How to get run time down for Boot Camp? - Page 2
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  1. #16
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    Quote Originally Posted by FoxtrotOscar View Post
    Try swimming laps, and swimming properly ...

    That's the best cardiovascular workout there is... it will increase your upper body breathing as well..
    Really? I didn't know that. Once again, thank you all for the helpful advice.


  2. #17

    run time

    If you're only 16 you've got a longtime to improve your run time.Your body isn't any where near it's potential at 16.Keep running,go out for cross country get super competitive,enter 10k runs,try a marathon,talk to local recruiters.The ones that come to the high school I work at do regular training with lots of kids still to young to enlist but that are interested.You'll learn a hell of a lot that way also.Best of luck.


  3. #18
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    Quote Originally Posted by cubawatcher View Post
    If you're only 16 you've got a longtime to improve your run time.Your body isn't any where near it's potential at 16.Keep running,go out for cross country get super competitive,enter 10k runs,try a marathon,talk to local recruiters.The ones that come to the high school I work at do regular training with lots of kids still to young to enlist but that are interested.You'll learn a hell of a lot that way also.Best of luck.
    Sounds interesting, I will have to look more into that. Thanks.


  4. #19
    Quote Originally Posted by Silverain View Post
    I am currently 16 years of age...My biggest concern is that my current mile time is around 9 minutes, (it was 8:20 a couple months ago but it is going down). I also am concerned that I won't be able to reach the 3 mile point by the time I enlist. Can anybody give any tips on running in general to increase time or distance, and maybe even breathing? I can't seem to run more than a mile without my throat drying out and my lungs burning.
    Without going into the science of it, you experience what you experience as a result of an inadequate aerobic base. If you after running a mile at the pace you mentioned feel burning in the lungs, you will need to increase your endurance. Second, the dryness in your throat is most likely because you are not adequately hydrated. You need to drink 4 to 5 one litre bottles of water a day - plain and simple.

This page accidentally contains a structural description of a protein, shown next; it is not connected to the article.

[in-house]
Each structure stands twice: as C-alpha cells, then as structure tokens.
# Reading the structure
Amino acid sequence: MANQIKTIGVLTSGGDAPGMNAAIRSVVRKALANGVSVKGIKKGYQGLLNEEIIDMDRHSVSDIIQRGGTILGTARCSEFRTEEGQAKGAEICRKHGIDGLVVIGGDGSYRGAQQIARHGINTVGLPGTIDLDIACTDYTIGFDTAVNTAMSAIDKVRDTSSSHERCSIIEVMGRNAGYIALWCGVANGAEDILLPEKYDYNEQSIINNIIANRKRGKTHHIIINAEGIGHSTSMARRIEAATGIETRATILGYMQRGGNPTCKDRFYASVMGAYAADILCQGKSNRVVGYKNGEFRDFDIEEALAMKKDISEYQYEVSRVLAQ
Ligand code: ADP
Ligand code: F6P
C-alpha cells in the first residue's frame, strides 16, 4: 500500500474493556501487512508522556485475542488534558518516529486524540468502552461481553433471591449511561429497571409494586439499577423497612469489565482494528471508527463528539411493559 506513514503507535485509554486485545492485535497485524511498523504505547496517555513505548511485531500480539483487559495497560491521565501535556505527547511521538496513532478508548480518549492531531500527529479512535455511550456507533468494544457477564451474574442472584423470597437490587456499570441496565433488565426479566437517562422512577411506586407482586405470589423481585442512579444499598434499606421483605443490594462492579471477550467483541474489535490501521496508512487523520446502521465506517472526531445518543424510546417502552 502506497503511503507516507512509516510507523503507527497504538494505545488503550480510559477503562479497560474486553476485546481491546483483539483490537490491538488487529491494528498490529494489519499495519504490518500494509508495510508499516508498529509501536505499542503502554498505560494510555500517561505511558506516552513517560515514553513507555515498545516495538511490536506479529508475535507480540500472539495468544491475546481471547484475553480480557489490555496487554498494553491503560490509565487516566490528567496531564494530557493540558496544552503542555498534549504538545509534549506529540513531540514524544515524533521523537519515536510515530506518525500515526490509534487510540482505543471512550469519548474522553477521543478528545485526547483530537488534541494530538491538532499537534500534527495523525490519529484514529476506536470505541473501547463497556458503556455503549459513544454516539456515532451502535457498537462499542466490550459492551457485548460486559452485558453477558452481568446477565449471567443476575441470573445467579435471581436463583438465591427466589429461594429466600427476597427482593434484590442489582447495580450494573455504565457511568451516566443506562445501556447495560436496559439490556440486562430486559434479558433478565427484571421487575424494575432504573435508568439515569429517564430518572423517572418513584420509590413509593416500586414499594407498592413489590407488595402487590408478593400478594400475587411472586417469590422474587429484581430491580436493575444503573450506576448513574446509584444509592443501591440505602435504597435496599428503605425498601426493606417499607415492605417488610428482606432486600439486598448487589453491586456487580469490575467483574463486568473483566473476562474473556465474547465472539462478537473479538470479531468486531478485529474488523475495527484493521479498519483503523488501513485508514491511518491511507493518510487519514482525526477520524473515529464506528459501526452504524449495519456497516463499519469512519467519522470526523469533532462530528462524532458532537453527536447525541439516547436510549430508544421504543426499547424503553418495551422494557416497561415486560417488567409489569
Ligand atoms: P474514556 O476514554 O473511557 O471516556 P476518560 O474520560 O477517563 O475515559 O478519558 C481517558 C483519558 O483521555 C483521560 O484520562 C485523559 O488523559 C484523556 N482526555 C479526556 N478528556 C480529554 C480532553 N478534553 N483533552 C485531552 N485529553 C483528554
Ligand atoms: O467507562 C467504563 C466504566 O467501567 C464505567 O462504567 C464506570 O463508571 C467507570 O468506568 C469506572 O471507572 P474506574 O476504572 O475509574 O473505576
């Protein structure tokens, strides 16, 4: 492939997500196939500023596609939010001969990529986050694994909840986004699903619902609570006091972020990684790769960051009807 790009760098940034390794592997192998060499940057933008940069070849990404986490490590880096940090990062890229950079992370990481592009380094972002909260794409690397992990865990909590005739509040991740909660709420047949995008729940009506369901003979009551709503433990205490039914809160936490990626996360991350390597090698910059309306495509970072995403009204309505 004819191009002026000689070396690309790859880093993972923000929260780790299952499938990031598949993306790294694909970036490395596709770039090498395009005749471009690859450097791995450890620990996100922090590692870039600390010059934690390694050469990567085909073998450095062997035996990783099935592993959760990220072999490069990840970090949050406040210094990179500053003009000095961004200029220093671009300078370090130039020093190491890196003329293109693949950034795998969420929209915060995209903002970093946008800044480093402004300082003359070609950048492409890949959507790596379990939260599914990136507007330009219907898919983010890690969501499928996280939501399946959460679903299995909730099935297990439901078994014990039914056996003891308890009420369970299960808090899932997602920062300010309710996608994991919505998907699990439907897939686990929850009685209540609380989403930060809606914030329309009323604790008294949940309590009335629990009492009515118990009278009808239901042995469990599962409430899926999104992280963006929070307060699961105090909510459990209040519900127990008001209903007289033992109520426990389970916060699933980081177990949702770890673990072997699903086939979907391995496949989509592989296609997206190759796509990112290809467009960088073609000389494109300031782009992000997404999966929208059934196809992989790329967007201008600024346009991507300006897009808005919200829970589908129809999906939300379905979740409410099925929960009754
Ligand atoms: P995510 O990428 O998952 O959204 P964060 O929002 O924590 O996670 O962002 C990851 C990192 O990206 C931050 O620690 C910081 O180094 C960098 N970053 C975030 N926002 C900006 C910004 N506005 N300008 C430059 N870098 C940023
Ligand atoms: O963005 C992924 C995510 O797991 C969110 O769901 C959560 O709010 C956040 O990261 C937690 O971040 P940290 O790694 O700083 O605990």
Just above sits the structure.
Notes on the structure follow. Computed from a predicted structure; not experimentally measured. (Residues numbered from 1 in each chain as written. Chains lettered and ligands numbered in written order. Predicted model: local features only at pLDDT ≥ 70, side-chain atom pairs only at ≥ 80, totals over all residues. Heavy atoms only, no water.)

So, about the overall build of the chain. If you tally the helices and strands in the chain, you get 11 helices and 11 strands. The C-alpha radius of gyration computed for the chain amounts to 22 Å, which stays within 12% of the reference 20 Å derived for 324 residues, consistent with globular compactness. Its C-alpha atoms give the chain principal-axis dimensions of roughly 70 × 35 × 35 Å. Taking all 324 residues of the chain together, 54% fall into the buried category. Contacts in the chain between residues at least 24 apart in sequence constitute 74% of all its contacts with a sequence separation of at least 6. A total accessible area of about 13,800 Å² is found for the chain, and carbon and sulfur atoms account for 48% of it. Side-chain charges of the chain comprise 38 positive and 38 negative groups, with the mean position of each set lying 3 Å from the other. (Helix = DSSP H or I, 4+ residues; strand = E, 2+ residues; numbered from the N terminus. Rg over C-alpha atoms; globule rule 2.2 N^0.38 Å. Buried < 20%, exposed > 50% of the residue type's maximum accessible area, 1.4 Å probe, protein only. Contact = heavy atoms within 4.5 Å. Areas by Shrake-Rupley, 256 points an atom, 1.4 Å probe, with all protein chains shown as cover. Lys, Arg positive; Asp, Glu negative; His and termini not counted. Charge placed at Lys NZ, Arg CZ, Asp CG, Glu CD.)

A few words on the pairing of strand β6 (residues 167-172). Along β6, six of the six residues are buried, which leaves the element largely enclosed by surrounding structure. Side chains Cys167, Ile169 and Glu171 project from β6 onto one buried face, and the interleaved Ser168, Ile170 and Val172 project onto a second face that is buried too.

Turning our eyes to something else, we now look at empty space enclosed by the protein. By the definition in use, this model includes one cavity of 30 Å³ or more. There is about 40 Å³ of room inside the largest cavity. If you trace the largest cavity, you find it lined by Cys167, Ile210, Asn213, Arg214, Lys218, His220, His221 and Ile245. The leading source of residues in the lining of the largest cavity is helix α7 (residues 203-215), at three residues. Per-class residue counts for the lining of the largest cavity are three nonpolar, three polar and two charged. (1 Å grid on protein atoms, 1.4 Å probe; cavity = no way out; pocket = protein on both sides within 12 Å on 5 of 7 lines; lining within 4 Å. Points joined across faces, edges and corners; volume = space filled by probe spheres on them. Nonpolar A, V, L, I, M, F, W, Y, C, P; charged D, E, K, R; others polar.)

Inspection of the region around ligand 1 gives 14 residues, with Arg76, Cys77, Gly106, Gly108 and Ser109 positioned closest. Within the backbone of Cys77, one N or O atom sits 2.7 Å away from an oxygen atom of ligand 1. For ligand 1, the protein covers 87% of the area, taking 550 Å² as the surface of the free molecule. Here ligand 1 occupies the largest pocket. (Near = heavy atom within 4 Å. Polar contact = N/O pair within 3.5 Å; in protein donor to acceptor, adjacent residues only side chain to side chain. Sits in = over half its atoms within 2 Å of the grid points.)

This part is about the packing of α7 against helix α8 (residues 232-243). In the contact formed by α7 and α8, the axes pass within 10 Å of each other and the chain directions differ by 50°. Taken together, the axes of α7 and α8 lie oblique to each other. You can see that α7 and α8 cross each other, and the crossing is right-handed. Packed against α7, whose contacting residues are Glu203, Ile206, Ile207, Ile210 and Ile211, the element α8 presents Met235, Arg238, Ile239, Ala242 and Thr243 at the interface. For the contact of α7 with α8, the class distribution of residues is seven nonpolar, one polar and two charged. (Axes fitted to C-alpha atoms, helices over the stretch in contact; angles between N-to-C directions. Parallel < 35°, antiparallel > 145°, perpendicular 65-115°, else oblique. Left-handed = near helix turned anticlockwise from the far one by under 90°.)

In my 10 plus years coaching cross-country, track, and swimming, I have seen your situation many times. Your mile time is slow, you need to run more than a mile, but you can barely do a mile, so how can you do more?

    It will take time. I am currently helping 3 or 4 poolees with this. Some are more challenging because they have time limitations, and their aerobic base and running history is weak. When I get a new kid that has not run much before, it takes 2 years to build up his/her aerobic capacity to be a competitive runner. Now, in that two years they can get faster, endurance stronger, but to be competitive, it takes time.

    I have read through all the posts. One of them recommend to run 10 x 100m all out to build your VO2max. I wholeheartedly disagree with this. VO2Max is the measurement of your ability to process oxygen. Running 100m sprints will not help you with this. To build your VO2 max, there are three ways to do it: 1. Lose weight. Not the best because it could compromise health (unless you need to lose weight.) 2. Running more miles a week. 3. Run lactate threshold and speed work. This will increase speed, but not endurance. (The speed work is like 200m repeats at 800-1600m pace, 400m repeats at 1600 to 3200 pace.) Running 100m all out is anaerobic work, and eventually that type of running will break you down.